Johnson is among the people quoted by The New York Times in a Feb. 26 feature story about the new slavery museum. The article walks you through the museum grounds, located on the original Whitney Plantation west of New Orleans. Whitney is far different from other restored sugar plantations in a region where, the Times states, “mint juleps, manicured gardens and hoop skirts are emphasized over the fact that such grandeur was made possible by the enslavement of black human beings.”

At Whitney, the visitor finds not only slave cabins and exhibits (more…)

Truth-Telling on White Terrorism

February 13, 2015

Tags: African Americans, South, racism, lynching, murder, history

The Equal Justice Initiative's new report shows how lynchings were open spectacles at the time, but have been edged out of our public history.
One of the most outrageous – and suppressed – parts of our nation’s history is racial lynching. You probably knew that sadistic murders of African Americans happened across the South. Perhaps it was a paragraph in your history textbook about the Jim Crow era. Maybe you stared at one of the gruesome old photos of dangling corpses. But did you know lynching’s full scope, and just how openly and even gleefully it occurred, with impunity for the perpetrators and a bottomless grief and rage for the victims’ terrorized communities?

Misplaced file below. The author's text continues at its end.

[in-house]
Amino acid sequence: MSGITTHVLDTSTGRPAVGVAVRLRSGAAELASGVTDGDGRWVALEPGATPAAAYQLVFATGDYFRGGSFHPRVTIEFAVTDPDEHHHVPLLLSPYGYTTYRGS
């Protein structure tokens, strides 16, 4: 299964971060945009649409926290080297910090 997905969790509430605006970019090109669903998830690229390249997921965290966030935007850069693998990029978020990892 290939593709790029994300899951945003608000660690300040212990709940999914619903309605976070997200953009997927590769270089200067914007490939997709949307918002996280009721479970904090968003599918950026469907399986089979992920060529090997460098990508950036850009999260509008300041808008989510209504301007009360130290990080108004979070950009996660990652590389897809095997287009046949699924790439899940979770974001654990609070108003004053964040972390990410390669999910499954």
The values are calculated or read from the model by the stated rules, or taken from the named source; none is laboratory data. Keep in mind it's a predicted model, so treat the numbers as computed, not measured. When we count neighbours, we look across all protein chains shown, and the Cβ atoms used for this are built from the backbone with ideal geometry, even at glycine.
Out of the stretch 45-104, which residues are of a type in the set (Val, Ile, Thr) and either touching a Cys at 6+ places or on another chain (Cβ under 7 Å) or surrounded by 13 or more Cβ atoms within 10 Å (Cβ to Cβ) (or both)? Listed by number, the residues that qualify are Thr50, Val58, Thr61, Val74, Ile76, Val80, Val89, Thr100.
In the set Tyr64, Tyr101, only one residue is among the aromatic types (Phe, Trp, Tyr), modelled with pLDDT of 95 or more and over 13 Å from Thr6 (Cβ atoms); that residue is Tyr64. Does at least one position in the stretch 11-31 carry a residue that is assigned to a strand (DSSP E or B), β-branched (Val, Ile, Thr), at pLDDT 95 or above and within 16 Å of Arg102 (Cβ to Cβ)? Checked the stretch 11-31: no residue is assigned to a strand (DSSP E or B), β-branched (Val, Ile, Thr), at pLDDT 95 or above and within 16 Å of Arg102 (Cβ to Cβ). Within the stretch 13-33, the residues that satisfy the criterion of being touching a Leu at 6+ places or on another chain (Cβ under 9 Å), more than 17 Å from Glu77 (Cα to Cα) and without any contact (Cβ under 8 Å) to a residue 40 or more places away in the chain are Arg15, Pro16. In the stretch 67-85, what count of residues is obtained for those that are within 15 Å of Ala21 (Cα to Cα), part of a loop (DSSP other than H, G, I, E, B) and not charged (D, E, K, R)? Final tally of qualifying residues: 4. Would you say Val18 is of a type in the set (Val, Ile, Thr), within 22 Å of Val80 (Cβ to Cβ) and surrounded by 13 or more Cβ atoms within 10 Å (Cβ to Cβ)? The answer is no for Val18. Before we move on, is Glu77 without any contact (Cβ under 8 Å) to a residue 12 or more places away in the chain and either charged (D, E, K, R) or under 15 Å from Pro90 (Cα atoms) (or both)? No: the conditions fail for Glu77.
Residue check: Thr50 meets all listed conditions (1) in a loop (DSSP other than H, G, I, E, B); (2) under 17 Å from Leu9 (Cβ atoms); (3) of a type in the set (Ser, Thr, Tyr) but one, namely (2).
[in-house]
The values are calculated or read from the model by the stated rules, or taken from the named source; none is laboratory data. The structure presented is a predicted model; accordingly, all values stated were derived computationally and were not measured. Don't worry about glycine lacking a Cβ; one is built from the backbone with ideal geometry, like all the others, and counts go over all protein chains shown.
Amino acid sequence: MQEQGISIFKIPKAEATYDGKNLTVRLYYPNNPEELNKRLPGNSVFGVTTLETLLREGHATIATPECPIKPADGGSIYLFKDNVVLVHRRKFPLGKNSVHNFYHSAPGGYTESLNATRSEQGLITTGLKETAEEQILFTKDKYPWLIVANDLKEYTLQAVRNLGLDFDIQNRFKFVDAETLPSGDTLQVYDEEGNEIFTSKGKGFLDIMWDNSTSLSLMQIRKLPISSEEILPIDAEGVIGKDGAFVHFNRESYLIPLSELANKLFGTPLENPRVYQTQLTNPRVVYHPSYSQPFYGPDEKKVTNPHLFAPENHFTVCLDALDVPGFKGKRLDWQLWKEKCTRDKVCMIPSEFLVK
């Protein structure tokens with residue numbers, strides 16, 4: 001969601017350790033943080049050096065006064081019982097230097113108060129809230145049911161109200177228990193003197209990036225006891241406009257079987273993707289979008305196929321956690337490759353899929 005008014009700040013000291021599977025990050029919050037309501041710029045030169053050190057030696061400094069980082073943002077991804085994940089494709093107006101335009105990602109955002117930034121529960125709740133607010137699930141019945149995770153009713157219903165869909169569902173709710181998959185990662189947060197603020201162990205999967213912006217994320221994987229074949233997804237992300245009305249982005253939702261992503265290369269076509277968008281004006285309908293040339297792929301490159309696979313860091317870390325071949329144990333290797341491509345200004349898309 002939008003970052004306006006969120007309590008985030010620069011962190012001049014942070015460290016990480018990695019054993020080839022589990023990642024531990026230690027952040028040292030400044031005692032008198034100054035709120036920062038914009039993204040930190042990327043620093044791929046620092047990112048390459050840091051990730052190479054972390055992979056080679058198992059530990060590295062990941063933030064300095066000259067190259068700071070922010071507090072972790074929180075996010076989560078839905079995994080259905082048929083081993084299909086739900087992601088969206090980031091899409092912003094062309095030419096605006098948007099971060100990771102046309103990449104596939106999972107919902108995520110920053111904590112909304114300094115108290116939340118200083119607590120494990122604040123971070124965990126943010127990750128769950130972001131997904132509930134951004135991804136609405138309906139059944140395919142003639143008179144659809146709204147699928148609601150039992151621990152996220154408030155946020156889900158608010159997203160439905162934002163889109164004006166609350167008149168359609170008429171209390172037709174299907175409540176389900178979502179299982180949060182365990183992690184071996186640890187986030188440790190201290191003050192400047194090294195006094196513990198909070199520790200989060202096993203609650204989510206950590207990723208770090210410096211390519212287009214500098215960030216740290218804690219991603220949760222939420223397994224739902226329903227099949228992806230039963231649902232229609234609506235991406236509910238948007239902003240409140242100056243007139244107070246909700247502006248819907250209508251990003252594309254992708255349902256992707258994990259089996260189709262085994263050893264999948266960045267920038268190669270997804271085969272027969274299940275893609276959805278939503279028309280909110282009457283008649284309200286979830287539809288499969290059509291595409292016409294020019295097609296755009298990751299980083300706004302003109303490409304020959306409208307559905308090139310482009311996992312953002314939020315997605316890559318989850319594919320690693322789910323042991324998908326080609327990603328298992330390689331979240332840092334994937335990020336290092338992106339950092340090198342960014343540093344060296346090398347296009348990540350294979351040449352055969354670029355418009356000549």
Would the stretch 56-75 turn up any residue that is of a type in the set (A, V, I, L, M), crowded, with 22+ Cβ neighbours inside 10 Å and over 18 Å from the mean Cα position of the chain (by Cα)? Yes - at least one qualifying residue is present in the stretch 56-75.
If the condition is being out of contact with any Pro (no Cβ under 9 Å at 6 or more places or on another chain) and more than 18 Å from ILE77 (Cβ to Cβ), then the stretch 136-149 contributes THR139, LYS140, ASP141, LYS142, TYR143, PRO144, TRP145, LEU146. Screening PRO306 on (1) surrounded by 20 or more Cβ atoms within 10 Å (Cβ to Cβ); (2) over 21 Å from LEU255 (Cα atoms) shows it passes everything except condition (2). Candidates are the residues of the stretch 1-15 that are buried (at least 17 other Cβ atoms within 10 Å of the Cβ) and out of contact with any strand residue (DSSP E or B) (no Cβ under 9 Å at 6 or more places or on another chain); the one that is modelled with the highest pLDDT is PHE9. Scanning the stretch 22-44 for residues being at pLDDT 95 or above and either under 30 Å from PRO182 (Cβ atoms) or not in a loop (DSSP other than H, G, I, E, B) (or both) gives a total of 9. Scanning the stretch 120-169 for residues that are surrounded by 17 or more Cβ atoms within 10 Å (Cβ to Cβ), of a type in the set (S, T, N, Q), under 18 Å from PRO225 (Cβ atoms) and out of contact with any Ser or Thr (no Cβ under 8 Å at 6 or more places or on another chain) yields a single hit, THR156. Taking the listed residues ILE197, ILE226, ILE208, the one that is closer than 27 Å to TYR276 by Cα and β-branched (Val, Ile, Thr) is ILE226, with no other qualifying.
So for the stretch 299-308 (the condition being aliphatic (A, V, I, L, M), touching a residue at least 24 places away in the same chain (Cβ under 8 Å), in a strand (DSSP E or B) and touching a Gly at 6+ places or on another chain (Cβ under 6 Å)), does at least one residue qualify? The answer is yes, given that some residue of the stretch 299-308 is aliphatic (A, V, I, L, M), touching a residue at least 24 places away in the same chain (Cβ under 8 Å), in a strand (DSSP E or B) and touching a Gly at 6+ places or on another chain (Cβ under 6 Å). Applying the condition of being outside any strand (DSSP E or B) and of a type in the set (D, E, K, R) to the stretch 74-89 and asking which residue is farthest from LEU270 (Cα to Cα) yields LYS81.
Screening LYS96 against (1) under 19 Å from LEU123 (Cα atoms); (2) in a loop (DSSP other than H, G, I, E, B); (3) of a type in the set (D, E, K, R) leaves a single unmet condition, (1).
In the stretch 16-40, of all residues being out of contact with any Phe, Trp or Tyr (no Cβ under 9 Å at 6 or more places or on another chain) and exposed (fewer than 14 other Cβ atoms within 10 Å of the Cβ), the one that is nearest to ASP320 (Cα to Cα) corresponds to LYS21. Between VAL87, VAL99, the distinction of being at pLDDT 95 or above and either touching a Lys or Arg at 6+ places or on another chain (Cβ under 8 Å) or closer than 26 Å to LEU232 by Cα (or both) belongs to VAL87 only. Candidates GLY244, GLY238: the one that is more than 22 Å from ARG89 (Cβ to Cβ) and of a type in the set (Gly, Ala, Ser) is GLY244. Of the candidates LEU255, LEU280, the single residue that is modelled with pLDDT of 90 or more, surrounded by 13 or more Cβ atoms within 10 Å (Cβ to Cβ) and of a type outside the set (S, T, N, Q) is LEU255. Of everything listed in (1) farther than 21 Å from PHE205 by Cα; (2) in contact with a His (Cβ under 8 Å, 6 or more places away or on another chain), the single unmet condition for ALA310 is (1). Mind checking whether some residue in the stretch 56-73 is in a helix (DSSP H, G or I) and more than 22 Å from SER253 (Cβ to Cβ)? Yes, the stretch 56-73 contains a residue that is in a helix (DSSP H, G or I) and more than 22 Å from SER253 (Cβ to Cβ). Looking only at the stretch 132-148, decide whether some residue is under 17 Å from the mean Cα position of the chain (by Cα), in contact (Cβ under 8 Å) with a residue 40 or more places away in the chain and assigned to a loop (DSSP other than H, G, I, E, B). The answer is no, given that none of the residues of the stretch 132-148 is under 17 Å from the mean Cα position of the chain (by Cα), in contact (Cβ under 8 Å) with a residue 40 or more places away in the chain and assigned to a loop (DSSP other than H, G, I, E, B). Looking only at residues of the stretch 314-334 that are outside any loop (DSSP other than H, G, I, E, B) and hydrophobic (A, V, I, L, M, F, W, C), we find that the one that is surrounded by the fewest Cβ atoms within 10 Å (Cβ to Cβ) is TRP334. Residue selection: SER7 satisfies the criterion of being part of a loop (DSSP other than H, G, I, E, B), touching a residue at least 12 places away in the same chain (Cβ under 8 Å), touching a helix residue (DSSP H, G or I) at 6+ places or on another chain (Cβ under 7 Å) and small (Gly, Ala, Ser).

This month, an intrepid Alabama-based rights group called the Equal Justice Initiative issued a monumental report on lynching that’s designed to grab us all (more…)